Results

In the current study, a significant reduction was observed regarding the nocturnal pain, pain on walking and ascending the steps, knee circumference, distance between the hip and heel, and knee to horizontal hip to heel distance at the end of the treatment course.

Conclusions

In brief, the current study focuses on the fact that LLLT is effective in reducing pain in knee osteoarthritis.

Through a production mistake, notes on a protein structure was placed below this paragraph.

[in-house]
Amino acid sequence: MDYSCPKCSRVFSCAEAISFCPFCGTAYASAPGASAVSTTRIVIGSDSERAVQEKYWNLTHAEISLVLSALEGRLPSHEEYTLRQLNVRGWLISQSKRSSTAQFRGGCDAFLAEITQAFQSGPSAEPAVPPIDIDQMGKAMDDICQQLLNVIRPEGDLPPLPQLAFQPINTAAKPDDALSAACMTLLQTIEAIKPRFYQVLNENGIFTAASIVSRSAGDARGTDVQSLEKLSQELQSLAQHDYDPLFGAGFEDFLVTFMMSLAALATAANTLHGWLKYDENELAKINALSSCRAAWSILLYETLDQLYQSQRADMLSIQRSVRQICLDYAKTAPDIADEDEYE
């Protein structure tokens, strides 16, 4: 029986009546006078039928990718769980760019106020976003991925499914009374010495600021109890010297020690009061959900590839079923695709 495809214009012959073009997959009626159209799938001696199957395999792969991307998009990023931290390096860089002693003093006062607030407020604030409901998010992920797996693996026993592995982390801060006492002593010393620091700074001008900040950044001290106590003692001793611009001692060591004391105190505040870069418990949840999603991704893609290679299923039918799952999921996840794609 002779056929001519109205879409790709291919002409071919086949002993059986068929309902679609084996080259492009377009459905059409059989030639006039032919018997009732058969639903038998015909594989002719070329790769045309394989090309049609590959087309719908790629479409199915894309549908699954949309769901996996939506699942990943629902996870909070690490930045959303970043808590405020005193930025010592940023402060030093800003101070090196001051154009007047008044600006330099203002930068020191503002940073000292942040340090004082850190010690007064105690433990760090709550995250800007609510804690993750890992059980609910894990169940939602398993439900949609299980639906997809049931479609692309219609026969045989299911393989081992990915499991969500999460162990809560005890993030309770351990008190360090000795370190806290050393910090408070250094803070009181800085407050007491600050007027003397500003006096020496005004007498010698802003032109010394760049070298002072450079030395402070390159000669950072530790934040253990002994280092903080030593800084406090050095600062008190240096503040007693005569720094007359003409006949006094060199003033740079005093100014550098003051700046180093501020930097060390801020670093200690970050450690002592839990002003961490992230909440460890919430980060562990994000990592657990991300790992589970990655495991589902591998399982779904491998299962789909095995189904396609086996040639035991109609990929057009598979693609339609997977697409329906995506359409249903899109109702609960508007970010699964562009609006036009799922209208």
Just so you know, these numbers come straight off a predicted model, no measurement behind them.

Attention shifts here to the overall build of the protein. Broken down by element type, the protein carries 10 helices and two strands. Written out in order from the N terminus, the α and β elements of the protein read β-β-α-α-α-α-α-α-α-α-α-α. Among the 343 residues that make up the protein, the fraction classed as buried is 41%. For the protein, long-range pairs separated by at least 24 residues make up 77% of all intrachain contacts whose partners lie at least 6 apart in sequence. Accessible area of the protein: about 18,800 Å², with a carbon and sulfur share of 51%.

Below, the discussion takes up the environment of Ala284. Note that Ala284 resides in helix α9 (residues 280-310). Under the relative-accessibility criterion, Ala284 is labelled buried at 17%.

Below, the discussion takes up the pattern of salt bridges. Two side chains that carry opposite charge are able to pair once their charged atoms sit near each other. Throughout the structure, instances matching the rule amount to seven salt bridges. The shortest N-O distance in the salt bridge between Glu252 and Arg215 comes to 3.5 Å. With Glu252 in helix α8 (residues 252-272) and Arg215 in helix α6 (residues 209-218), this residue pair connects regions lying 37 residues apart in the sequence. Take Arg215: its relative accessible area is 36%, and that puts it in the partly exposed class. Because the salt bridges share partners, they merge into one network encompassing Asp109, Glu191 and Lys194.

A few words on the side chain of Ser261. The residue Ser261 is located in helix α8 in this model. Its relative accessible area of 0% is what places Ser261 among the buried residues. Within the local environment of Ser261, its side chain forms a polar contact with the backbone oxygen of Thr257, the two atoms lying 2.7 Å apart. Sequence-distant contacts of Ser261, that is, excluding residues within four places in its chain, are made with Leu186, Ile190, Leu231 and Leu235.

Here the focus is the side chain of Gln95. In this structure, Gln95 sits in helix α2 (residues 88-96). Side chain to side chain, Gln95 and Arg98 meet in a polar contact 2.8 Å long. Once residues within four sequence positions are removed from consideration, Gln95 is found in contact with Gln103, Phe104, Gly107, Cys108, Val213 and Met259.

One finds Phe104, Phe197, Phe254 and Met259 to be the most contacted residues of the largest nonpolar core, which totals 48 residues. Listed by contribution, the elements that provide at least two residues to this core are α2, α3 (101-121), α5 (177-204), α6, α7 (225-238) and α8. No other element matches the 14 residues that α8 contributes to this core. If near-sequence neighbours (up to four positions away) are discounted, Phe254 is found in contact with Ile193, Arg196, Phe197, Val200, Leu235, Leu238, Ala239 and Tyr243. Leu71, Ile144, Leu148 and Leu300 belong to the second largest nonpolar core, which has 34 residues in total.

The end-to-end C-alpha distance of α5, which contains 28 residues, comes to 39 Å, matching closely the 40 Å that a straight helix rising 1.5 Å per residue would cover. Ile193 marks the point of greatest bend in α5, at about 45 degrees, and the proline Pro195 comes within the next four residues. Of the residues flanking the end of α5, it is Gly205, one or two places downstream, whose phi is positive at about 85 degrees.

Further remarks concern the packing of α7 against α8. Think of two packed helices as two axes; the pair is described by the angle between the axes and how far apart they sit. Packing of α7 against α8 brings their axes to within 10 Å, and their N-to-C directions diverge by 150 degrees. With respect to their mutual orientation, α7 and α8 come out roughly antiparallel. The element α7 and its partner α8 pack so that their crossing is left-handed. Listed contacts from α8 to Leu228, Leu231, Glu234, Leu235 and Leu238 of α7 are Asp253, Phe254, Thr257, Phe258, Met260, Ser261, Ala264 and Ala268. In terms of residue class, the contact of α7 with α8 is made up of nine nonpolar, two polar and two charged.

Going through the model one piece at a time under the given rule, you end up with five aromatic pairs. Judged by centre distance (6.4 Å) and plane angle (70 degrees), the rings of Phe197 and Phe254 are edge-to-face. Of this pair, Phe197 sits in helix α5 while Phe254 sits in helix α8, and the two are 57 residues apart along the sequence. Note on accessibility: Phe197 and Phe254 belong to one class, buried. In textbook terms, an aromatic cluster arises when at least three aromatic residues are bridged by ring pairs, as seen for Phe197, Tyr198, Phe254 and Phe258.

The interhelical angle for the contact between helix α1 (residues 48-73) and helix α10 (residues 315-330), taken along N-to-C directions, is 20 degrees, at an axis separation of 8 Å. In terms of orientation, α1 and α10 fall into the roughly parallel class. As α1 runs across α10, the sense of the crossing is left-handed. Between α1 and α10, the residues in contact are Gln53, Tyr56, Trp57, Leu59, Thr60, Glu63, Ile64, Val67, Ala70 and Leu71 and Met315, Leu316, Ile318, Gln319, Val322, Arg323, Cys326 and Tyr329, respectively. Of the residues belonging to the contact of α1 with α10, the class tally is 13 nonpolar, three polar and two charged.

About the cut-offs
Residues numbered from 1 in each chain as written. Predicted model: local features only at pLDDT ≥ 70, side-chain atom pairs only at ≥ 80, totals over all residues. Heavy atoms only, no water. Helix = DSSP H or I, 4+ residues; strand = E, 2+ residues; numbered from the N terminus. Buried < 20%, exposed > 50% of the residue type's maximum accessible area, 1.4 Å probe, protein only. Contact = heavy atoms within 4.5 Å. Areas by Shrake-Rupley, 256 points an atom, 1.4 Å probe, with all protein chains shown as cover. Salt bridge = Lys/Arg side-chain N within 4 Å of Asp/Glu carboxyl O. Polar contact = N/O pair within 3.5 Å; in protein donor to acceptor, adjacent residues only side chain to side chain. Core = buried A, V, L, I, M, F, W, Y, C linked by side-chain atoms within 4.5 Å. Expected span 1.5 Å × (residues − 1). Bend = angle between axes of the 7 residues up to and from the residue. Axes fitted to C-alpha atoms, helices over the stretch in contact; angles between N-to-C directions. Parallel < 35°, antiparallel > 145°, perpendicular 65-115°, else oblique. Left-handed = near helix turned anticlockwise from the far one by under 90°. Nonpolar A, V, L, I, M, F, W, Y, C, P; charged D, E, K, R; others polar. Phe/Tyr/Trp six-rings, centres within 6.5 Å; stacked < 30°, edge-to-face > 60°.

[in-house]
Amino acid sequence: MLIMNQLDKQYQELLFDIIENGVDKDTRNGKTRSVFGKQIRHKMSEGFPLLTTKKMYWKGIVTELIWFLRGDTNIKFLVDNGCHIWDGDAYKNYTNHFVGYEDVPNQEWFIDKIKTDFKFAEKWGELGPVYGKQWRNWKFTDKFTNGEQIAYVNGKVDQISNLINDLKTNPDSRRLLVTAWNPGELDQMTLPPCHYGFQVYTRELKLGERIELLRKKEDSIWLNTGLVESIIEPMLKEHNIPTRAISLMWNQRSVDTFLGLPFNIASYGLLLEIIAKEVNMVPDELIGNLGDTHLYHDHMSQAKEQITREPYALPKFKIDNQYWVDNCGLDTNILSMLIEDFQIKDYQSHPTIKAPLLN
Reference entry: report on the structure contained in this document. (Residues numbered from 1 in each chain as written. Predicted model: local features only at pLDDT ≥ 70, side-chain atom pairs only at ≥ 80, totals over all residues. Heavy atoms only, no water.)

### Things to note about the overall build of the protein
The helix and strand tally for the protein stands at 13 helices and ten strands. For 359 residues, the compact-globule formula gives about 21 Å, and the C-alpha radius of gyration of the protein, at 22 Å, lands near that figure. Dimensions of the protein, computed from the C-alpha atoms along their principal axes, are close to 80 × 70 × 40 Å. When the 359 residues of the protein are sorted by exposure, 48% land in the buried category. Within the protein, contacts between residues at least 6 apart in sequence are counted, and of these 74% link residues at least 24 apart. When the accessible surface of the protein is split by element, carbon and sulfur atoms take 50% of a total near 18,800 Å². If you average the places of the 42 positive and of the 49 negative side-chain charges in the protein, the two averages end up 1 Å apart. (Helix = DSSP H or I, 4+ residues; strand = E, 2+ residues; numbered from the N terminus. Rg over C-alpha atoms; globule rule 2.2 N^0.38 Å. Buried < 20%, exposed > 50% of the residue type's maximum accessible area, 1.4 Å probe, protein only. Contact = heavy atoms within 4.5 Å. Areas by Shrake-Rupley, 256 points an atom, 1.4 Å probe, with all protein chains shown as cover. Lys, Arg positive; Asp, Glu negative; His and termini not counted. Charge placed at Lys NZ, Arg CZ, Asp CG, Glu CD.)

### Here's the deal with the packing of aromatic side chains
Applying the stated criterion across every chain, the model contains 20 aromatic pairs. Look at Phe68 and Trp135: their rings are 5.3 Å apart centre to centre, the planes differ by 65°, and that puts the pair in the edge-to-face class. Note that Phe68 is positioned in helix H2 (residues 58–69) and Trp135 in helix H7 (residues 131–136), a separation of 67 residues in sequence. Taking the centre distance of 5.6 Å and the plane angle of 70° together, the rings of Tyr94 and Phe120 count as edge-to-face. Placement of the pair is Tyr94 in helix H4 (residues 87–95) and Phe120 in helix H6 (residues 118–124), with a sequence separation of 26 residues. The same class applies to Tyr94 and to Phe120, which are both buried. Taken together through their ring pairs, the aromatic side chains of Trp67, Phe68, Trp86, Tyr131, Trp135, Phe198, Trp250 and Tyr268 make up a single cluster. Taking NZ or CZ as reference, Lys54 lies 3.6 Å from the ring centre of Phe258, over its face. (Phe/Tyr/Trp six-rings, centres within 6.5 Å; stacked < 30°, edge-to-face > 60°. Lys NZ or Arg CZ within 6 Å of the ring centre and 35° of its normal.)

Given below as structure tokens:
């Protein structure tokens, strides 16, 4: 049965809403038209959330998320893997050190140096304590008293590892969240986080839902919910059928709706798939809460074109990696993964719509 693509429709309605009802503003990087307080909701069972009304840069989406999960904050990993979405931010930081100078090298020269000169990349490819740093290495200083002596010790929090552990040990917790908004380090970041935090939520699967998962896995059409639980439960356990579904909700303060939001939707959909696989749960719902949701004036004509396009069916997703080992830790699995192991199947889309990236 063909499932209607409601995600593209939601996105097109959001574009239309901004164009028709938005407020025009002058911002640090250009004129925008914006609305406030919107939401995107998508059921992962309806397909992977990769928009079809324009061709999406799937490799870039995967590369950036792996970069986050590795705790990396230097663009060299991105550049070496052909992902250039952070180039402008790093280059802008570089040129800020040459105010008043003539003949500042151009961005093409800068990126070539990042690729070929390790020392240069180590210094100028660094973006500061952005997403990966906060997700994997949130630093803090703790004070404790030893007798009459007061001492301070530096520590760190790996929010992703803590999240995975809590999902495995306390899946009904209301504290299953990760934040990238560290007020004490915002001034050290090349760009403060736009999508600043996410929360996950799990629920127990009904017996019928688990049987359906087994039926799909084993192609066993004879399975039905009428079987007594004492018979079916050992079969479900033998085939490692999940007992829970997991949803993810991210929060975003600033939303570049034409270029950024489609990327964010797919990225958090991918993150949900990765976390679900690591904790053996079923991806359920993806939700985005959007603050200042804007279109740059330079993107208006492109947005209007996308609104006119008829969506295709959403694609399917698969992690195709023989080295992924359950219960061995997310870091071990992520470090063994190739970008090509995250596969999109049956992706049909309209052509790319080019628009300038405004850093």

Keywords

Knee osteoarthritis Low-level laser therapy Pain 

Abbreviations

LLLT

Low-level laser therapy

TENS

Transcutaneous electrical nerve stimulation

OA

Osteoarthritis

WOMAC

Western Ontario and McMaster Universities

Introduction